In February 2002, the United States Secretary of Defense, Donald Rumsfeld, when asked about the ack of evidence linking the Iraqi government with the supply of weapons of mass destruction to terrorist organizations, replied: “There are things we know we know. We also know there are known unknowns (…). But there are also unknown unknowns – the ones we do not know we do not know. And if one looks throughout the history (…), it is the latter category that tends to be the difficult one”.
Nearly twenty years later, this concept, whose backbone is uncertainty, is still to be found in our everyday lives. When making decisions, risks are also taken. According to the Future of Humanity Institute from Oxford University, a risk is defined on the basis of three criteria: its scope (the number of people it would affect), severity (how badly these people would be affected), and probability (how likely this risk is to occur). The problem arises when the very existence of a risk is what we are unaware of.
A large set of organisations constantly devotes their efforts to identify major global risks. One of the most well-known documents is Global Risks Report, published by the World Economic Forum. In its latest edition from 2019, there is much food for thought for us to digest. The top 10 List of Global Risks is made up of five environmental issues (the most important of which being extreme weather events, and failure of climate-change mitigation and adaptation), two technology-related risks (data fraud or theft, and cyber-attacks), two societal challenges (large-scale involuntary migration, and water crises), and the last one, economic in nature (asset bubbles). However, while it is true that this contingency matrix has been thoroughly devised and parameterized –partly due to data availability and traceability–, forecasting of coming risks is downsized for the time being, and a low level of analysis, preparedness –and thoughtfulness– still remains as such.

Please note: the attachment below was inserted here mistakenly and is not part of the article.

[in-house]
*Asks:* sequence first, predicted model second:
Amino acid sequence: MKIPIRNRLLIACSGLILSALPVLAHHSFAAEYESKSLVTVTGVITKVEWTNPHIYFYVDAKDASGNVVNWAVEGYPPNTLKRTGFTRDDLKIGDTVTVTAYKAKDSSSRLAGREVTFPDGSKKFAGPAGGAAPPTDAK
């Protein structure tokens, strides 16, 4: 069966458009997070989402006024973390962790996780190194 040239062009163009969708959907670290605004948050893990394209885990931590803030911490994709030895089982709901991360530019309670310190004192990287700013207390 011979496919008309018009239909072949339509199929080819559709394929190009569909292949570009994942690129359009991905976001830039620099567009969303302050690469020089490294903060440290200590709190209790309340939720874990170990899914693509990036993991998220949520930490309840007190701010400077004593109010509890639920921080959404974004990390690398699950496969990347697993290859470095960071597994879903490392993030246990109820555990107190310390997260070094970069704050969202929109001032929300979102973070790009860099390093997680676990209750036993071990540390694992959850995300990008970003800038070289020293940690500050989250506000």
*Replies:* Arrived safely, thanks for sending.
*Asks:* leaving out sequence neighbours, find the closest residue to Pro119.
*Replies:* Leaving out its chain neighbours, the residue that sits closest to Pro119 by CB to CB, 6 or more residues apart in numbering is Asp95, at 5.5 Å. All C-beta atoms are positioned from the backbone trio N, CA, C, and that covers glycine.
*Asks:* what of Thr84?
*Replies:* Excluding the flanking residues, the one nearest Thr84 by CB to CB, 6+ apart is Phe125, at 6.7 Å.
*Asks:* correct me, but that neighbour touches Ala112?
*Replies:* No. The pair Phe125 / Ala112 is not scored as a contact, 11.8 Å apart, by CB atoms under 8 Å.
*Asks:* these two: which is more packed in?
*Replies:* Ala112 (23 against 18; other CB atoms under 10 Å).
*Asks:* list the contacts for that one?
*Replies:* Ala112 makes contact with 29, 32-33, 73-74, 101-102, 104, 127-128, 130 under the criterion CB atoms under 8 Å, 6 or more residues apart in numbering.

Certain future risk scenarios are projected: decline of democracy by new forms of social control (for instance, biometric surveillance), which will cast doubt on the system’s worth and effectiveness; infringement of privacy because of quantum computing; greater dislocation of the traditional rural/urban habitat duality, with further social polarisation and electoral volatility; restraints on supply of food as geo-economic tool; fight for control over new Global Commons (outer space); echo chambers, which admit just the information we agree with, through Artificial Intelligence, at the expense of critical thinking; and disaffection with and estrangement from human rights in a backdrop of diverging beliefs.
Should we aim at foreseeing a future risk –but that little (or any) information is available–, the traditional analysis of current trends alone is not enough. Changes and risks, which are now unthinkable, are underway. Technological developments and social dynamics are quickly racing ahead, and society is not able to embrace every leap forward and to have a full picture of the situation. Thereupon, future risks projections, based on existing data and information, is necessary but uncompleted. Back in 1997, Niklas Luhmann remarked that a system which reproduces itself only produces self-referential outcomes: an autopoiesis which does not spark ideas-based innovation.